No release notes for v72/v173, but they are currently going to cut a v174 this week that will have release notes. v172/173 will be backfilled.
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Chris Ferris of IBM started off today's Cloud Foundry Community Advisory Board meeting reflecting on the recent OpenStack conference. "One of the things I observed is that it's definitely starting to trend towards discussions around containers, and Cloud Foundry and OpenStack seem to be like hand-in-glove in a lot of the conversations.". Renat Khasanshyn from Altoros added his comments on the OpenStack Summit in the chat that "Docker conversations in the hallways heavily leaned towards Cloud Foundry" and "OpenStack ecosystem turned the corner and becoming all in with Cloud Foundry."
Impact Update Chris Ferris provided a brief update on the IBM Impact Conference. He noted several BlueMix announcements including updates for the IBM Cloud Marketplace and some additional capabilities for BlueMix. He pointed out that IBM DevOps Services, is essentially an extension of the formerly known "JazzHub" that allowed devops deployments into BlueMix, and “I think potentially into any Cloud Foundry, which is interesting,” remarked Chris.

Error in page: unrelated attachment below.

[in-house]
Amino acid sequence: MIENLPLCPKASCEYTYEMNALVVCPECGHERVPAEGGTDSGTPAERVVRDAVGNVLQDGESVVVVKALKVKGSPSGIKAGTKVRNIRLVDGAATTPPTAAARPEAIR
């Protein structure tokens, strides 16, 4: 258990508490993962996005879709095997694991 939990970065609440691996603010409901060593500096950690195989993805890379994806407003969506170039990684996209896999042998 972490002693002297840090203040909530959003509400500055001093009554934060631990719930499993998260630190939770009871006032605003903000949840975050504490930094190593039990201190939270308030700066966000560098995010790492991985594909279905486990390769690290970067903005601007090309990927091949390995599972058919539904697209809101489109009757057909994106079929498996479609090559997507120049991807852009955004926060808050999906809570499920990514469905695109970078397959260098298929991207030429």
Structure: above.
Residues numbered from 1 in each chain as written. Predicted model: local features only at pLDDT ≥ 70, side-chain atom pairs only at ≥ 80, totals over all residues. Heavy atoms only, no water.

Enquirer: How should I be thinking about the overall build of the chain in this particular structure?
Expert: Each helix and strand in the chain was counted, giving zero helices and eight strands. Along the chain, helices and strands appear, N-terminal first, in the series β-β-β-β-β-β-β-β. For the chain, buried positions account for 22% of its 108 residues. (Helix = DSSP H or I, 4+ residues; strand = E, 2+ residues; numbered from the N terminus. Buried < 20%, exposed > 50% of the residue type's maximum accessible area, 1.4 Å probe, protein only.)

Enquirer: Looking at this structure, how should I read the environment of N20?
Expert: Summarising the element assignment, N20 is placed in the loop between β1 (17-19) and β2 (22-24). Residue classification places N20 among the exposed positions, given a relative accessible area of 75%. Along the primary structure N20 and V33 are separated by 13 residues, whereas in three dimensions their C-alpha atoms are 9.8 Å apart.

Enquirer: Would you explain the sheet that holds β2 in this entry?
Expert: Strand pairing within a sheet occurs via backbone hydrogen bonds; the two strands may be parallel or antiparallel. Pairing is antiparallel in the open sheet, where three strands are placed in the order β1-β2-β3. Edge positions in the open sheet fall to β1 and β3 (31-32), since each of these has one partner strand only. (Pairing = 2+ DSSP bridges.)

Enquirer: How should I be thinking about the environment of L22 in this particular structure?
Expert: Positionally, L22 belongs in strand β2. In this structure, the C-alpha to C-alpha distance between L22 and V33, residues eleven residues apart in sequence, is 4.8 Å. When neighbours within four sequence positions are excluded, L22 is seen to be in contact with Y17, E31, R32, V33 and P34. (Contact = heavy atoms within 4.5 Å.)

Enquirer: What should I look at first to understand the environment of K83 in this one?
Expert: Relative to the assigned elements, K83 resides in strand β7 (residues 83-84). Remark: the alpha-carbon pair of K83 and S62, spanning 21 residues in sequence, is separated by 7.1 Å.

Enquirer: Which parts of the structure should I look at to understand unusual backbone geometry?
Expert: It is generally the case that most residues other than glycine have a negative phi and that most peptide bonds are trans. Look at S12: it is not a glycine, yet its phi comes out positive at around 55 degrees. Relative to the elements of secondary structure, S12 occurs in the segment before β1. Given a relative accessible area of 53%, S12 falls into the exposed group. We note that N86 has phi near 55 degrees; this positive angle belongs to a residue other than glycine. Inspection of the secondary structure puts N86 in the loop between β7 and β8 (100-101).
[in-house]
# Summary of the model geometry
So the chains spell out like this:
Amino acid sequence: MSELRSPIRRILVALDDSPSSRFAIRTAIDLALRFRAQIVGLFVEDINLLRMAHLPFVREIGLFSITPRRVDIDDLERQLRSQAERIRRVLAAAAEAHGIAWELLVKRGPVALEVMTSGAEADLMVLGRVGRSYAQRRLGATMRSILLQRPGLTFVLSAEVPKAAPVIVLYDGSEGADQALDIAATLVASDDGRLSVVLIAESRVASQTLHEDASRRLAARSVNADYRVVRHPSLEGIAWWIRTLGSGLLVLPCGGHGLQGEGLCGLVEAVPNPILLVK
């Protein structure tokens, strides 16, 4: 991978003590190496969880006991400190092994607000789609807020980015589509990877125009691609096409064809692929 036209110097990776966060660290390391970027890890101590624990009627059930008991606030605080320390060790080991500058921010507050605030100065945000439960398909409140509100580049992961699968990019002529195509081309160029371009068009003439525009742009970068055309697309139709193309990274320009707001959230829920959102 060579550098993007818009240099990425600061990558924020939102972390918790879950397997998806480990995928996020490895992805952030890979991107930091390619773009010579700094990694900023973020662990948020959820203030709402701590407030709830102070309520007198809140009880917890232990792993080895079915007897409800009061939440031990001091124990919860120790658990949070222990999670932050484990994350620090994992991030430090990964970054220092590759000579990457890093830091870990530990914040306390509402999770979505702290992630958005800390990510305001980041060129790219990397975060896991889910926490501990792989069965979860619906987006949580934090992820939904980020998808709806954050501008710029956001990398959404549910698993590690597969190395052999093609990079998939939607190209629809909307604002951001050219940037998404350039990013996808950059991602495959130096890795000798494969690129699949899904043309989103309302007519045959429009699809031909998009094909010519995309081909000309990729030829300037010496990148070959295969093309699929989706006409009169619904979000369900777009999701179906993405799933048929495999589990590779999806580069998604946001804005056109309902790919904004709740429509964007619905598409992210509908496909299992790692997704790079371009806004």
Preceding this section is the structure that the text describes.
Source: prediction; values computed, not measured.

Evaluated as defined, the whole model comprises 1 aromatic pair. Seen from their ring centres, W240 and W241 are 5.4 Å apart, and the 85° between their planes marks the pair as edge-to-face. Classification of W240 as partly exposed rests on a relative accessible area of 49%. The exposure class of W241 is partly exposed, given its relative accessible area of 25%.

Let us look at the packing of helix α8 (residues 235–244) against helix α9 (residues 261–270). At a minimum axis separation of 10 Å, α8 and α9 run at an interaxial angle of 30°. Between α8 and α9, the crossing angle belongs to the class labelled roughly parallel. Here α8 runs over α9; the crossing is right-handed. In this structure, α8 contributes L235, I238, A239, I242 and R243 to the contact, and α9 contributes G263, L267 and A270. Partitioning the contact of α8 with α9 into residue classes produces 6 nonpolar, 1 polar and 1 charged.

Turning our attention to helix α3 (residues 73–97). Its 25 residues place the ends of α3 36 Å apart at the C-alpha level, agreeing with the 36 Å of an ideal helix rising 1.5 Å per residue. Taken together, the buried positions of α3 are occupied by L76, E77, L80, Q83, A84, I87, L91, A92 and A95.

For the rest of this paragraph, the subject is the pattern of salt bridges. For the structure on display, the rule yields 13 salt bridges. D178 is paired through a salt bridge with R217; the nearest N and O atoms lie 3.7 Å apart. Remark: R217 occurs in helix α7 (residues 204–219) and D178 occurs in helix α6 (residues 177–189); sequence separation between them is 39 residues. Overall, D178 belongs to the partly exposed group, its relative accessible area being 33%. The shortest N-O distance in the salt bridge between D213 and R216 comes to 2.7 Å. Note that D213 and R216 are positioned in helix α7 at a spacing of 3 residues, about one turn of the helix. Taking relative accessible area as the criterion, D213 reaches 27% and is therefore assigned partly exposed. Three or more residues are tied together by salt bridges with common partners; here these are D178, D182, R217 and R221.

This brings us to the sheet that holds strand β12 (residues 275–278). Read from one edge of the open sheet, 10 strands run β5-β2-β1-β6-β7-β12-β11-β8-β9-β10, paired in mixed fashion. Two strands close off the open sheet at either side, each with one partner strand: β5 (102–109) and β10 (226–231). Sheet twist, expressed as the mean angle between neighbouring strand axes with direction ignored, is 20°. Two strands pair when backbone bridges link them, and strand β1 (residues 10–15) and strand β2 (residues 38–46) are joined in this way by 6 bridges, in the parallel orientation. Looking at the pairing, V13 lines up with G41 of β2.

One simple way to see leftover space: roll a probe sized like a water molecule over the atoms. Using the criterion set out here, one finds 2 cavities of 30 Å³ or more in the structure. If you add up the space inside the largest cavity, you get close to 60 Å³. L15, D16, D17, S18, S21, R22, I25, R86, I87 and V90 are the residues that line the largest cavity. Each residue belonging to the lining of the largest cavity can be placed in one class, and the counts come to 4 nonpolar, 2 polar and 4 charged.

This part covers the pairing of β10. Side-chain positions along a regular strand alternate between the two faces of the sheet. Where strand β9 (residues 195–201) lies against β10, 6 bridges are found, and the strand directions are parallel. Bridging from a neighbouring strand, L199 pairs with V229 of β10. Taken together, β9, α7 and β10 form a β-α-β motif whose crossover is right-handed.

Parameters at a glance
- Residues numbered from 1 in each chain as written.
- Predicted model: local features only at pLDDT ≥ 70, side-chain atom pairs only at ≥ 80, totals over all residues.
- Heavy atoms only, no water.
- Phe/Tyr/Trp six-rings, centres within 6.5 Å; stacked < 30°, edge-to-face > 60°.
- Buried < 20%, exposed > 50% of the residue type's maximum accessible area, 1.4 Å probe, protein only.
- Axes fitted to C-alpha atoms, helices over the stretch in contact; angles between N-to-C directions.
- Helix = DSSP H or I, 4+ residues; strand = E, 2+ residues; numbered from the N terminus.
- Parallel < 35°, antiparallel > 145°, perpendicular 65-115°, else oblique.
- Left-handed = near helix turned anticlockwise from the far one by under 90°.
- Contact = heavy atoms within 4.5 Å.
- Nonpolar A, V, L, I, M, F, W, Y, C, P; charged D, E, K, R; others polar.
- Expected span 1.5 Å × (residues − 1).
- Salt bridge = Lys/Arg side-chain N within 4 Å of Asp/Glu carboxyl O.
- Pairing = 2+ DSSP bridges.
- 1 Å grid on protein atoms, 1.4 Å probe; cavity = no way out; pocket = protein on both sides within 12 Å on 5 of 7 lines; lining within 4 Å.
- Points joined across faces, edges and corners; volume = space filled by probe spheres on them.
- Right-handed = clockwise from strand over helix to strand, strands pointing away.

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Tags: CF Summit, cloud foundry, cloud foundry customer advisory board, cloud foundry summit, diego, RiakCS